Ban's new approach seems to be working. After a three-year decline, sales of Ban rose 13.6% in the 52 weeks ended Nov. 27, according to market researcher Information Resources Inc. (IRI's data don't include sales from Wal-Mart and club stores.) The intensely competitive $1 billion deodorant category includes such big players as Procter & Gamble's Secret brand and Unilever's Dove.

Reaching young female consumers is tougher than it used to be, Mr. Katien says. Consumer-product companies followed a simple formula: "you explained the benefit and explained the product and they would buy it," he adds. "Now it's about getting her to feel like she is involved. No more one-way messaging." The ads created by young consumers will carry each creator's first name, last initial, and home town. They'll also have a slightly homegrown feel, because Ban plans only to tweak the language and do minor retouching.

A similar effort is behind ads for the videogame Sims 2, from Electronic Arts Inc. EA decided to play on videogamers' liking for making short films based on scenes from games. These amateur movies are known in the gaming world as Machinimas. EA brought 15 gamers to its Redwood City, Calif., headquarters to make the films, which became the basis of TV, online and print ads that began appearing in October.

"I pay more attention to ads that are created by people who actually love a product rather than some ad the company creates,'' says Jennifer Clark, a 34-year-old gamer from San Jose Calif., who crafted one of EA's ads. "The hard sell is sometimes hard to swallow.''

Whether ads designed by consumers will actually sell more products may be hard to determine. But marketers see encouraging signs. In March, Nike Inc., one of the first companies to take this approach, plans to bring back a TV campaign for its Converse sneaker composed of short films made by consumers. An earlier run of such ads ended in August after 14 months. Converse used 41 films -- 24 seconds each -- culled from 1,800 submissions.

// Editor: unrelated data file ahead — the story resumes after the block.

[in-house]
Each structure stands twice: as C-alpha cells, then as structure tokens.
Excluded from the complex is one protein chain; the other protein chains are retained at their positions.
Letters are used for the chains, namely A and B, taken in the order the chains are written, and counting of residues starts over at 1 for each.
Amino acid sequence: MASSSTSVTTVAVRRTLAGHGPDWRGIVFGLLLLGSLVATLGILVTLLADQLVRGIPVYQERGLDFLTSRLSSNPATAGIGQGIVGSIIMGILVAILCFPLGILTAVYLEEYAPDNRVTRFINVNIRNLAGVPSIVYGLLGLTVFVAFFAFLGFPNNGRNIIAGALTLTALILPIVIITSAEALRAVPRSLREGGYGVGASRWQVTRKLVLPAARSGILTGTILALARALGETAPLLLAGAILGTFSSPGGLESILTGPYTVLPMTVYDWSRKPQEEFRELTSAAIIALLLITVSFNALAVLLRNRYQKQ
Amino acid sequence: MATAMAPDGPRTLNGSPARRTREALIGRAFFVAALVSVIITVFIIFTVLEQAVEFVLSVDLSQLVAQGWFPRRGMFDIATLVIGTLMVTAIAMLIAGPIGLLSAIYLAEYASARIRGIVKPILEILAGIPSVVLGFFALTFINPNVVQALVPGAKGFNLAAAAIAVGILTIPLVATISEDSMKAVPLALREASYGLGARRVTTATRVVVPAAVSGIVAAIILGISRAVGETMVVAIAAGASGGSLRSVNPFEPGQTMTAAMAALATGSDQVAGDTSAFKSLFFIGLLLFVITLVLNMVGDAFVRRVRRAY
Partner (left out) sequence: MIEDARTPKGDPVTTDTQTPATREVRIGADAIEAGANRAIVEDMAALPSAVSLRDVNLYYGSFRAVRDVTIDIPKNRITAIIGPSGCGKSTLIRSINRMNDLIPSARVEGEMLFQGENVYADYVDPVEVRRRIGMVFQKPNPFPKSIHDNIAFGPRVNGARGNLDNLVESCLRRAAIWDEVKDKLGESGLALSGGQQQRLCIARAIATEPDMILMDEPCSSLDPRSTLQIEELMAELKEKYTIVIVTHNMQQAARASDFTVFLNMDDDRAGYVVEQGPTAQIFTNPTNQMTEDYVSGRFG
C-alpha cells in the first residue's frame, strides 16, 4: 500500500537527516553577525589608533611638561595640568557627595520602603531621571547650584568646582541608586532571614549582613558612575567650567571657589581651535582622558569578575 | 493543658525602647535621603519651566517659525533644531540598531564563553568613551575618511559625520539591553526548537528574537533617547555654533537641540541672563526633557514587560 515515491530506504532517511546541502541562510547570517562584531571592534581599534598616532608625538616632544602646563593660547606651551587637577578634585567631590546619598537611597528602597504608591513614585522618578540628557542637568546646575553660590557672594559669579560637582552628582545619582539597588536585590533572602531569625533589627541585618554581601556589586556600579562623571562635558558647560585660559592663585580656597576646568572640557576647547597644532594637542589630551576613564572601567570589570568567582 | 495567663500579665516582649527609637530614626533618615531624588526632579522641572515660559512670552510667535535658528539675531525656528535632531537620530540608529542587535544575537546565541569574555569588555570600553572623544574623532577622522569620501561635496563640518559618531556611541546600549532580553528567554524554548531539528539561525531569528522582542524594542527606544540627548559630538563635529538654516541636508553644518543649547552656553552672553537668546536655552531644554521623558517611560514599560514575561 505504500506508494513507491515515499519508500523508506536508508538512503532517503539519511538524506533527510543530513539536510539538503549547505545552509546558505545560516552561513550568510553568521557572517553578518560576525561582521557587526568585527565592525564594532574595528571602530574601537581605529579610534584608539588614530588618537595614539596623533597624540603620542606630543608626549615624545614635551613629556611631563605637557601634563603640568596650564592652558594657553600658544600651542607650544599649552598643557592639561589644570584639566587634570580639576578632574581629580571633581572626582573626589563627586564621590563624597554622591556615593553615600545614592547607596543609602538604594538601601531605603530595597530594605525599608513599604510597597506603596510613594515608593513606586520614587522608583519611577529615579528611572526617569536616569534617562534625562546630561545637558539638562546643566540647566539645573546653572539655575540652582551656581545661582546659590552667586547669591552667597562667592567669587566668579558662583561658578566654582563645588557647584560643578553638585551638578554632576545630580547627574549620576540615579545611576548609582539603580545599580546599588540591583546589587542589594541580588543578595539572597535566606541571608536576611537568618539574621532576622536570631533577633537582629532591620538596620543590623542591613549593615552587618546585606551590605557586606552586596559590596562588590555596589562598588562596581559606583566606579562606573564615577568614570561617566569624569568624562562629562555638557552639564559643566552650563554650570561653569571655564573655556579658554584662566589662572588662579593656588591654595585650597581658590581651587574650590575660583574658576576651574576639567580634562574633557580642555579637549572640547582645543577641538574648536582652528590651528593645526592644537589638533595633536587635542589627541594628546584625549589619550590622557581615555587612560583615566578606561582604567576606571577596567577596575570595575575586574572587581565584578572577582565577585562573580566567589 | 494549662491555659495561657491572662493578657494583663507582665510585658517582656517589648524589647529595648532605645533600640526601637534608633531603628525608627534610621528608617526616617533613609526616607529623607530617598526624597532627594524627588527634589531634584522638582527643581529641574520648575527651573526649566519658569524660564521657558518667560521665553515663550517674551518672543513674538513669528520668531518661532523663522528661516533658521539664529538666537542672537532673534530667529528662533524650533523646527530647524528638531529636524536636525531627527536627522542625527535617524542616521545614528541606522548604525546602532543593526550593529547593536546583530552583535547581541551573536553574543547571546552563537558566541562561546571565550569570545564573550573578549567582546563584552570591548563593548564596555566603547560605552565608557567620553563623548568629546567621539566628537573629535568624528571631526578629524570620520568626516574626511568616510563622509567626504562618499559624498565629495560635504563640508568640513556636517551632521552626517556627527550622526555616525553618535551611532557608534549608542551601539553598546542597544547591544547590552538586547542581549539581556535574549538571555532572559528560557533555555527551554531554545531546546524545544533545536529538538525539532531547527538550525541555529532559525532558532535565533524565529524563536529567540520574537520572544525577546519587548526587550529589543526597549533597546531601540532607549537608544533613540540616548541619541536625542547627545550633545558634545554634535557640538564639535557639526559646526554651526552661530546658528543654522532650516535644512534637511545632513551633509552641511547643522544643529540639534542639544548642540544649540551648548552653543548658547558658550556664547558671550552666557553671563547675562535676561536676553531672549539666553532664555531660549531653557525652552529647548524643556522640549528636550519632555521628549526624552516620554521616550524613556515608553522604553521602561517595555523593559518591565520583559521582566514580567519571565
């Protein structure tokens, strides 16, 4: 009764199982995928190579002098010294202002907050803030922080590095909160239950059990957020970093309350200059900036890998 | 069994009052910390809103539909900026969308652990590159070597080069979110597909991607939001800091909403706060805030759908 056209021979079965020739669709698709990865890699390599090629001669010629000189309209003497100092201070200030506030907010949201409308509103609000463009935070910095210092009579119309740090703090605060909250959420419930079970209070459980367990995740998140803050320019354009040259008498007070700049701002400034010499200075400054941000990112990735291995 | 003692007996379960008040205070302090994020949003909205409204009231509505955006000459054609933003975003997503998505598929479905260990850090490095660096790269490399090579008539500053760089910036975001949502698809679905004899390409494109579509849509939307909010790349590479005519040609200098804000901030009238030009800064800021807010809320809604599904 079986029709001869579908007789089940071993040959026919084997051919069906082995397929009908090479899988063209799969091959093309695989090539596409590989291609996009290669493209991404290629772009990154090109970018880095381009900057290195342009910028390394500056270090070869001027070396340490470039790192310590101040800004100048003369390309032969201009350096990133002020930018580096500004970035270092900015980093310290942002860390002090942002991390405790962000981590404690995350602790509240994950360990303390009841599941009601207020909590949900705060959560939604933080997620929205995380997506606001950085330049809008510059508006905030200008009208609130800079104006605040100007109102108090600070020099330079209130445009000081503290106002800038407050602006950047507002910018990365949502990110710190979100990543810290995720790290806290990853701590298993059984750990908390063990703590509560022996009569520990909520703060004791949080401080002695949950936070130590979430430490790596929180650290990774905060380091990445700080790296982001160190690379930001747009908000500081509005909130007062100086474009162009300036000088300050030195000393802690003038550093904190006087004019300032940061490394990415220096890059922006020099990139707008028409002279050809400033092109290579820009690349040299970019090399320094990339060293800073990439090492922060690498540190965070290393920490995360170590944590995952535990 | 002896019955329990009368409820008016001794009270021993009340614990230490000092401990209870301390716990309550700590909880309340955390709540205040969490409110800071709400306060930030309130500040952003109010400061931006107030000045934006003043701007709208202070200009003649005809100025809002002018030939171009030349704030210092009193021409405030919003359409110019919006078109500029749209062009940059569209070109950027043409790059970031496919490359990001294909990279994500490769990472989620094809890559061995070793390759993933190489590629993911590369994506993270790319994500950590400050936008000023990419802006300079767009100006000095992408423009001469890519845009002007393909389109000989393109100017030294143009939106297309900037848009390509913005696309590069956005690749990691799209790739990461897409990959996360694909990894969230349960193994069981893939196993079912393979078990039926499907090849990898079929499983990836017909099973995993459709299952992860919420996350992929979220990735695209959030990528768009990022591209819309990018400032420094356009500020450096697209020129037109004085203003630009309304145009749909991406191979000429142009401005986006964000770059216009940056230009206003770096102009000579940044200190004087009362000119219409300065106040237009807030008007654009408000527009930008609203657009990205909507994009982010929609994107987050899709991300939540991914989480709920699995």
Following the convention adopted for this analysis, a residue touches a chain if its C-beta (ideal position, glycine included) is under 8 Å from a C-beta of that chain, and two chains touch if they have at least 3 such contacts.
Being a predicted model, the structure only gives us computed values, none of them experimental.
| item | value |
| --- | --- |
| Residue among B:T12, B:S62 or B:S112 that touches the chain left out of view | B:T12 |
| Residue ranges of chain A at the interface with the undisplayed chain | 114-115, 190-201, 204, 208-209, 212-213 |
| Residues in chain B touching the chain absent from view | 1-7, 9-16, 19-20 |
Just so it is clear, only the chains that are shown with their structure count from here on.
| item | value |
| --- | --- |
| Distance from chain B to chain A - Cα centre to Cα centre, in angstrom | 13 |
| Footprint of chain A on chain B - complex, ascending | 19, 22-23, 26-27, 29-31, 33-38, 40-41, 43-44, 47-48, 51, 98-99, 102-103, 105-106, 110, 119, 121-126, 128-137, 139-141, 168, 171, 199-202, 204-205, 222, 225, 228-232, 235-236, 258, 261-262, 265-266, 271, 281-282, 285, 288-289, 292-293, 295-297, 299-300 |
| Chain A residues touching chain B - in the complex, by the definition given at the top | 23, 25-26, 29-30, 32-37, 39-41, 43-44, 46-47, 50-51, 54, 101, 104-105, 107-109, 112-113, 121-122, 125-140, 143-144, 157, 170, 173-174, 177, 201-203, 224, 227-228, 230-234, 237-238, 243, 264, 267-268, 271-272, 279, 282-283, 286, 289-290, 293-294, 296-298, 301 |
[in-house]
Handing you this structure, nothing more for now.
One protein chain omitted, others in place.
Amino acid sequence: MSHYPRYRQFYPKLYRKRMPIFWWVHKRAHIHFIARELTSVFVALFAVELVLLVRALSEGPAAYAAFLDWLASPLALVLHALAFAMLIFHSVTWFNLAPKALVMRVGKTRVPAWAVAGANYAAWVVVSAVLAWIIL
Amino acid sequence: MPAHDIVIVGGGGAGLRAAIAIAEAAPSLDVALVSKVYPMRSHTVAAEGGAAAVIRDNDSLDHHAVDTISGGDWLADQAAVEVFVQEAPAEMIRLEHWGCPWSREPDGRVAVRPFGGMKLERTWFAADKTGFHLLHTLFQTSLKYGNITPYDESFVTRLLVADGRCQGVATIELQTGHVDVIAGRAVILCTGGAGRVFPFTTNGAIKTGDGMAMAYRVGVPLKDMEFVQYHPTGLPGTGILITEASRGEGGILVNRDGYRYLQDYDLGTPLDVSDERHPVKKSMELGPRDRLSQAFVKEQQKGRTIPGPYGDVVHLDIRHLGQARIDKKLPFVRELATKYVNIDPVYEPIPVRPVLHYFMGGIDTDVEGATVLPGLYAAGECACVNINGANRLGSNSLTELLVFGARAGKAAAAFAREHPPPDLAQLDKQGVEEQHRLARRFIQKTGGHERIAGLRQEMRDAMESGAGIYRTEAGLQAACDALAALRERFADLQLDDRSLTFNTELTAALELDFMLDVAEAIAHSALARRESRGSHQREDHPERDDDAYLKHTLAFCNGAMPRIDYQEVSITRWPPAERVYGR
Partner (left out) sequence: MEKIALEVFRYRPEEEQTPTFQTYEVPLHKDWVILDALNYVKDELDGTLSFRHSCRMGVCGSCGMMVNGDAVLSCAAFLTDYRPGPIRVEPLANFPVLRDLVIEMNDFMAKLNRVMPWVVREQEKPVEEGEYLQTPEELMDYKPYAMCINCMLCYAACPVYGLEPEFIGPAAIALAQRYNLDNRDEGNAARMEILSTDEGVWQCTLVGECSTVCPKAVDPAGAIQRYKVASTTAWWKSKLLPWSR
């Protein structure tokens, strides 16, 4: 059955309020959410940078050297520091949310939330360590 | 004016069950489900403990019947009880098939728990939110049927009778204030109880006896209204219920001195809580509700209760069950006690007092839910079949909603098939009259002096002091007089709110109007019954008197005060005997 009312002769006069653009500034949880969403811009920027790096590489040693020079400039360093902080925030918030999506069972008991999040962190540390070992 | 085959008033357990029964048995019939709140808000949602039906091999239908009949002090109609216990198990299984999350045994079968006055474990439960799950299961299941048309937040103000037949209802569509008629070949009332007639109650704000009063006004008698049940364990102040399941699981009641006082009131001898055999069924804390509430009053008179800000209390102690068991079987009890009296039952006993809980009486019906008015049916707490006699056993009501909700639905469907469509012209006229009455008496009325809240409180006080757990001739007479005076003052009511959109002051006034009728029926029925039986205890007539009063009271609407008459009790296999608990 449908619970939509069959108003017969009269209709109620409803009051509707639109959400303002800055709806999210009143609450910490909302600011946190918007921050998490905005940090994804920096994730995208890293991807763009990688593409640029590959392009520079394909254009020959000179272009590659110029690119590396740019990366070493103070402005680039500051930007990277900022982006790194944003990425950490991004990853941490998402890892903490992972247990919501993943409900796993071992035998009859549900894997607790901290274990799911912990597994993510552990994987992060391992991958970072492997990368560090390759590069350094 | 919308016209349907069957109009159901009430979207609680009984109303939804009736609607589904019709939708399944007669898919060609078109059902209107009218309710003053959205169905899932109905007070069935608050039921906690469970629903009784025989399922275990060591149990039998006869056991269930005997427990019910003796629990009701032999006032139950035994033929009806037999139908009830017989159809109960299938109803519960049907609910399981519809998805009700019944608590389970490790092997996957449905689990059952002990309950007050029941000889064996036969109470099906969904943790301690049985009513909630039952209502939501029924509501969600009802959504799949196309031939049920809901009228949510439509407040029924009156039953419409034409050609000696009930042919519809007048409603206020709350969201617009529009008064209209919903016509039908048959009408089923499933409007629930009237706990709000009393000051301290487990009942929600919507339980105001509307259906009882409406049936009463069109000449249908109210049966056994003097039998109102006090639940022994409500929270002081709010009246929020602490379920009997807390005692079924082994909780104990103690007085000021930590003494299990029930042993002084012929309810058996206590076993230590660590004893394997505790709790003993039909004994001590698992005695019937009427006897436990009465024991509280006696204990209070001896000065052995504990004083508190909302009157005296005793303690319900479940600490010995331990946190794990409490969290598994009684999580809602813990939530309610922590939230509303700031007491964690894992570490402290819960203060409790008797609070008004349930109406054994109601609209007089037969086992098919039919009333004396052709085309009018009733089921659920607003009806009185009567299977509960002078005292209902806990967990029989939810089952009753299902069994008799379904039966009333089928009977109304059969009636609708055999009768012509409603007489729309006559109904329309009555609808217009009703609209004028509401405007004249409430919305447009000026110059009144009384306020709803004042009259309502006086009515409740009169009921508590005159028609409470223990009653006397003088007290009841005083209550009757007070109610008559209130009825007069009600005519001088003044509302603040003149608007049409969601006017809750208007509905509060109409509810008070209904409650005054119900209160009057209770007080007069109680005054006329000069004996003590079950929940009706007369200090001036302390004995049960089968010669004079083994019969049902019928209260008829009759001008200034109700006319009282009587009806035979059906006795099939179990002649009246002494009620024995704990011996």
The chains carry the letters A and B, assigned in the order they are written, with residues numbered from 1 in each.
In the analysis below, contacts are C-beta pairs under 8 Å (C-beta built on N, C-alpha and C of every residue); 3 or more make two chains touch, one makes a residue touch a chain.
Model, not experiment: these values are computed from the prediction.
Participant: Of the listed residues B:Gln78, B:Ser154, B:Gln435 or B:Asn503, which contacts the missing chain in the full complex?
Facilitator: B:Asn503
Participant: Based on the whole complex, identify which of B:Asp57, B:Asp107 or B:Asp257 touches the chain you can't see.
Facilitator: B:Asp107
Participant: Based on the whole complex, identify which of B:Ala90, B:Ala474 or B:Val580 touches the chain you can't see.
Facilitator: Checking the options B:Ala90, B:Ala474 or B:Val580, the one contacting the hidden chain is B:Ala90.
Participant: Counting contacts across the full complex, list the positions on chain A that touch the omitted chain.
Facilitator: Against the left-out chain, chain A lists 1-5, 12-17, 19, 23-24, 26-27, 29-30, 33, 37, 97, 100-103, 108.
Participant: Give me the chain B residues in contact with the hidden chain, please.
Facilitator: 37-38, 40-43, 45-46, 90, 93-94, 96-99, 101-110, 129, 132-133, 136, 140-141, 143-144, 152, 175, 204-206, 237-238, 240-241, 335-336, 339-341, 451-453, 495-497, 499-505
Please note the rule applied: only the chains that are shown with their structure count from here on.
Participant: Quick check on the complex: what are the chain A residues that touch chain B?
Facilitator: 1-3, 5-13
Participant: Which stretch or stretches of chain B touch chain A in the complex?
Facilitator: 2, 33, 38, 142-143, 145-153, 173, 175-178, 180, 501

One older ad, dubbed "College Hero,'' featured NBA rookies waking up, leaving their mansions, and driving to practice in SUVs, all with a hip-hop soundtrack. "Entertaining, but ... formulaic,'' says David Maddocks, Converse's vice president of global marketing.

By contrast, one of the new ads shows a game of Spin the Bottle shot from the bottle's point of view, with only the players' feet -- clad in Converse -- visible. Nike doesn't break out Converse sales data. But the new campaign was a "tremendous success,'' says Mr. Maddocks.

There's no standard approach yet to payment for consumers' contributions. Filmmakers whose Converse creations were used on television were paid $10,000; those whose ads appeared online were paid $1,000. Gamers who created EA ads were also paid.

Winners in the Ban contest won't be paid, but the young woman who crafts the best ad will be awarded a day with Hilarie Burton, star of WB's "One Tree Hill'' series.

 

Suzanne Vranica, The Wall Street Journal. December 14, 2005

Copyright © 2005 Dow Jones & Company, Inc.. All rights reserved.